It’s an important question, a common dilemma and a key consideration for anyone who might be planning to enter the buy-to-let market. Should you let your property out furnished or unfurnished? Like most common dilemmas, there are pros and cons, positives and negatives on either side and persuasive arguments to support both.
In some respects, there is no right or wrong answer and, ultimately, it often comes down to circumstances, financial resources and personal preference. You might choose to create the perfect home for prospective tenants, or you might decide to leave a blank canvas and let them stamp their own mark.
The choice is yours and, furnished or not, getting into the buy-to-let market can reap great rewards, with rental properties a great method for securing a second income. Still unsure about which path to take? Our guide to furnished and unfurnished rentals will tackle all the main issues.
Furnished, unfurnished and part-furnished
You might expect such terms to be defined in law, but the truth is that ‘furnished’, ‘unfurnished’ and ‘part-furnished’ are descriptions open to interpretation. Our best advice is to exercise common sense. Furnished properties should be a ‘home-from-home’, with everything included and no need for tenants to traipse along to IKEA.
Unfurnished rentals include minimal fixtures and fittings – think carpets, and bathroom and kitchen essentials, but not much more.
Part-furnished flats and houses are somewhere between the two. Landlords might include beds and sofas, but omit soft furnishings, coffee tables, lamps and other luxuries. Still not sure? Talk to your letting agent.
Furnished property pros
If there’s one major advantage to offering a furnished property, it’s that you can usually charge a higher rental amount. It stands to reason really, and this is often the main factor that sways a prospective landlord’s decision. Creating that ‘home-from-home’ environment means maximising income, but it also makes your property more tempting to tenants and can help to attract different demographics.
Students and young professionals with little or no furniture will jump at the chance to rent a ready-made home, whilst those seeking options for short-term lets during a temporary relocation or placement will also be more interested.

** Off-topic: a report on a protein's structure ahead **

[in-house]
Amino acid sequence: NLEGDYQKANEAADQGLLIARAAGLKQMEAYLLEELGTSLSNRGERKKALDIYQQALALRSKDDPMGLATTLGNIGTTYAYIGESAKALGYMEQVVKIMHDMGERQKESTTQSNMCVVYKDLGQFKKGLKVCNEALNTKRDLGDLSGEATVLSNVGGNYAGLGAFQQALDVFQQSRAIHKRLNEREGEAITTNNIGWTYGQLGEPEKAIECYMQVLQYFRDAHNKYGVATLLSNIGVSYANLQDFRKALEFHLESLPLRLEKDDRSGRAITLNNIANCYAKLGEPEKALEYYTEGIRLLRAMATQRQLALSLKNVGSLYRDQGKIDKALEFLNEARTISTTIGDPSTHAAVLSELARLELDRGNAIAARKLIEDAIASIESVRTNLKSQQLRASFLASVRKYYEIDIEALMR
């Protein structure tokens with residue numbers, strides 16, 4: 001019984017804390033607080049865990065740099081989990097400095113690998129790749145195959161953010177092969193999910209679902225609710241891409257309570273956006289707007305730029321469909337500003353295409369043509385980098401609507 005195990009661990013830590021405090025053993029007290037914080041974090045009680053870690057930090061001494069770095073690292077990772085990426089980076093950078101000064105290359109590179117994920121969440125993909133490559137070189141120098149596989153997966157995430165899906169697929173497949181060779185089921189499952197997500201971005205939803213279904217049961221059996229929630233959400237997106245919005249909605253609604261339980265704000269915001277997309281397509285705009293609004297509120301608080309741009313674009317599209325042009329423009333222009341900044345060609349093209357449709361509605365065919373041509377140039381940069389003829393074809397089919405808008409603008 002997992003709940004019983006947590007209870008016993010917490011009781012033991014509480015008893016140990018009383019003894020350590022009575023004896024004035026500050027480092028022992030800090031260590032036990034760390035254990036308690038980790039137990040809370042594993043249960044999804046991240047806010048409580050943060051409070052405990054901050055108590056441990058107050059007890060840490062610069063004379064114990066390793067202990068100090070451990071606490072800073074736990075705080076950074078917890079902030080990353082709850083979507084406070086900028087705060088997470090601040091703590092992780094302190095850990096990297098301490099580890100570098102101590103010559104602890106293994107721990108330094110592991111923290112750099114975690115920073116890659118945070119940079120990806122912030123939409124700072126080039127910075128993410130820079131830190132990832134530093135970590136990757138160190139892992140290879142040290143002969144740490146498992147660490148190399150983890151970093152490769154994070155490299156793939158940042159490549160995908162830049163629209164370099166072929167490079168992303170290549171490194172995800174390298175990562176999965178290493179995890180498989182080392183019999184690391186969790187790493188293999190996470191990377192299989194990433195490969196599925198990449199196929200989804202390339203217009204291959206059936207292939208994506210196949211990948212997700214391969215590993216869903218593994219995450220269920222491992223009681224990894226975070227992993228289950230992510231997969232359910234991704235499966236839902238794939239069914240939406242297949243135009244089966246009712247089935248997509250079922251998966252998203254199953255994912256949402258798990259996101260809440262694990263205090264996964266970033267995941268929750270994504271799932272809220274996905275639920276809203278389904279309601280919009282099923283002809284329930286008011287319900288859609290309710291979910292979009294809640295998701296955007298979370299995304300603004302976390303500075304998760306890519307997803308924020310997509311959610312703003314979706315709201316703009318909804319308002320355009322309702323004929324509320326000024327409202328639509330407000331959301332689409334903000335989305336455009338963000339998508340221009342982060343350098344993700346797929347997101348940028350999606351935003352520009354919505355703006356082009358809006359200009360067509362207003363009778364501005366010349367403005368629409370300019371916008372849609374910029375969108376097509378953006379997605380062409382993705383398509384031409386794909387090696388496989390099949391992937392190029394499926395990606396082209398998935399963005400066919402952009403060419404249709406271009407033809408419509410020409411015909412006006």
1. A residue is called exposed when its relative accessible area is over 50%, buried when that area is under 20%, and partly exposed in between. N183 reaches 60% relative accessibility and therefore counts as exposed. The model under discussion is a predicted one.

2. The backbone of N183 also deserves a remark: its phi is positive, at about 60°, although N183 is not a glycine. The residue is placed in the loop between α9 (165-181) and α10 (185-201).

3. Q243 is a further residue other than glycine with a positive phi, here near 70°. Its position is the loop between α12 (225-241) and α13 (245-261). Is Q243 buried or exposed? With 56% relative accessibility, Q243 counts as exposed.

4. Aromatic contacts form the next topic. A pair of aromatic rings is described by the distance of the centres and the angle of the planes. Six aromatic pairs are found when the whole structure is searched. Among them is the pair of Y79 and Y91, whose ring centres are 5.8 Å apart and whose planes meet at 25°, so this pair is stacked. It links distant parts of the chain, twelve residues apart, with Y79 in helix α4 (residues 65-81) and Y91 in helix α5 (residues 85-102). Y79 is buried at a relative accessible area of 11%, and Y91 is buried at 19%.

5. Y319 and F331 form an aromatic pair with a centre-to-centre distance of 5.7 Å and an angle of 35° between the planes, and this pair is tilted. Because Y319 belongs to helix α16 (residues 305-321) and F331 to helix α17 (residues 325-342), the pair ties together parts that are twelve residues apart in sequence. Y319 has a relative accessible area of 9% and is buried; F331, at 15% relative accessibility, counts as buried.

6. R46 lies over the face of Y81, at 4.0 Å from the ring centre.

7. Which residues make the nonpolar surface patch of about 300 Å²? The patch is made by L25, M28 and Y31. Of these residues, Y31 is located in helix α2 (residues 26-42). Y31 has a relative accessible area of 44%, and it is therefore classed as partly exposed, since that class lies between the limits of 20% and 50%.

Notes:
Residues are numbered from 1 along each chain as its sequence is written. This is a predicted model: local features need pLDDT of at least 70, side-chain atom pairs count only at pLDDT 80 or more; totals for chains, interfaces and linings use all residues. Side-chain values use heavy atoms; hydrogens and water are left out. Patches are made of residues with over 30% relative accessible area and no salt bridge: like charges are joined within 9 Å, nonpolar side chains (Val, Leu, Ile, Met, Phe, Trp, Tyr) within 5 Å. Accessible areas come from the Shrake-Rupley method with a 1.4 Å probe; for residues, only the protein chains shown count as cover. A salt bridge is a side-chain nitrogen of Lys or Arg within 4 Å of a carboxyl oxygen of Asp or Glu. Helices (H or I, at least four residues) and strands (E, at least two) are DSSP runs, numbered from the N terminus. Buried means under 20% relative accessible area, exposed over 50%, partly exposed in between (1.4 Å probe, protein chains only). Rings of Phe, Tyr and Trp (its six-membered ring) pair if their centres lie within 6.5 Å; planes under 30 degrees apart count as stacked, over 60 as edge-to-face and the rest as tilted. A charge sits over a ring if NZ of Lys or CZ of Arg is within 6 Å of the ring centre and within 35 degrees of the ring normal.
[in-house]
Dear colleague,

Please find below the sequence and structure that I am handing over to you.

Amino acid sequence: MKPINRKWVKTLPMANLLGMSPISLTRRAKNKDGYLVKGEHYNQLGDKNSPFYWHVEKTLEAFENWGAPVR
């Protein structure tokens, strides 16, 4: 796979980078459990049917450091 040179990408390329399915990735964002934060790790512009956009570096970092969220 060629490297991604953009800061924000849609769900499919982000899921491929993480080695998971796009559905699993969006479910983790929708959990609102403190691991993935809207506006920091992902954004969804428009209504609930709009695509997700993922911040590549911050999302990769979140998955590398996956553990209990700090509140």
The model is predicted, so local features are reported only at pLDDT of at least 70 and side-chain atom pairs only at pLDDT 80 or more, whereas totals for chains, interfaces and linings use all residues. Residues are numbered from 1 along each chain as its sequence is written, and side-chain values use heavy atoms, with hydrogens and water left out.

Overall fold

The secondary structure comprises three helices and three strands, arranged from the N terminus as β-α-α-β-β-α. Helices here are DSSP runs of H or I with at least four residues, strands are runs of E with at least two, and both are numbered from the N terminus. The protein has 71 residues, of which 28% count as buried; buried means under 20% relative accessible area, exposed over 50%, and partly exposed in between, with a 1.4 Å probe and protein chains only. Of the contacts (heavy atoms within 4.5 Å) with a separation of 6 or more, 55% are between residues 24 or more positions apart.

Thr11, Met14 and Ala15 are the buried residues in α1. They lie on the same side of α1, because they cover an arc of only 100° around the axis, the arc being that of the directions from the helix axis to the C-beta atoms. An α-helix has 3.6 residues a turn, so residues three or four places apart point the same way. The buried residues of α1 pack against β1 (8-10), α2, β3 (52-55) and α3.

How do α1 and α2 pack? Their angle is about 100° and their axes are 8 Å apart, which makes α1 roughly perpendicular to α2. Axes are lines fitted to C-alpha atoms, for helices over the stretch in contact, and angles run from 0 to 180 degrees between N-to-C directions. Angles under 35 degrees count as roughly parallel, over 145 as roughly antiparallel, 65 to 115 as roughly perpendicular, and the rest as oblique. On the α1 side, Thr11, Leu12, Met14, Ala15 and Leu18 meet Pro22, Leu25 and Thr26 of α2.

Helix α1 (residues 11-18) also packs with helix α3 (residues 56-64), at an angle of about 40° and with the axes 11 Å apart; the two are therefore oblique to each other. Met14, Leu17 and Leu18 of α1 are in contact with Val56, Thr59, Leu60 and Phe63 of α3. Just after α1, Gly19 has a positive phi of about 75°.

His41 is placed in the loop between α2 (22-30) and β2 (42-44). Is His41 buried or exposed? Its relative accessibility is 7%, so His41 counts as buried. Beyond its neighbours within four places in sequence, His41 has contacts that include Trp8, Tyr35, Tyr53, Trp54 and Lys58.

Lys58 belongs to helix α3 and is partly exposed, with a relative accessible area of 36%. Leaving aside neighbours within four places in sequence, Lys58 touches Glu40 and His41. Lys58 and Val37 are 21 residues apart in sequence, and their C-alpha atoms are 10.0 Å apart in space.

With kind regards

Furnished property cons
If the pros are obvious, there are also some important cons to consider. For one thing, furnishing a flat or house is expensive, and you’ll need to have the resources to do this before starting to collect a rental income. For another, you’ll need to replace and update furniture that is beginning to look a little past it, whilst the responsibility for fixing and replacing broken items will be yours.
Furnished properties do attract renters, but a lack of personal possessions means it’s easier for them to move on, and a high turnover of tenants is to be expected.
Unfurnished property pros
For landlords considering the unfurnished approach to letting a property, there are numerous positives to take into account. There are fewer worries about wear and tear, for one thing, and no responsibility for breakages, as the furniture within the property will belong to the tenant.
Inventories are much shorter as a result – saving much time and effort – and occupants who bring their own furniture tend to be less demanding and lower maintenance. If furnished properties tend to lead to a high turnover of tenants, the opposite is true when it comes to unfurnished flats and houses. Renters tend to want to stick around for longer once their own furniture is in – and that’s never a bad thing.
Unfurnished property cons
If furnished properties can command higher rents, the obvious flip side is that unfurnished flats and houses may limit a landlord’s maximum income potential. Think about it: you’re just renting out an empty space, four walls and a roof, and tenants moving into a furnished home will typically be willing to pay more for all those all-important extras and the chance to live in a ready-made rental property.
Unfurnished properties are less attractive to some accommodation seekers and, in limiting the target market, it can be more difficult to find a suitable tenant. It might be easier to go unfurnished, but this is an option that’s not without its limitations.
Things to consider
There’s a great deal to take into account when deciding between the furnished and unfurnished approach, and those still pondering this important question must leave no stone unturned. Think about safety standards and compliance, Council Tax considerations and all the implications for insurance and be sure to think it through carefully.
If after all this the dilemma is still too great, speak to your letting agent and be sure to voice all your concerns. Should you let your property out furnished or unfurnished? The correct answer is out there for your own situation, so don’t be afraid to ask for more help when trying to find it.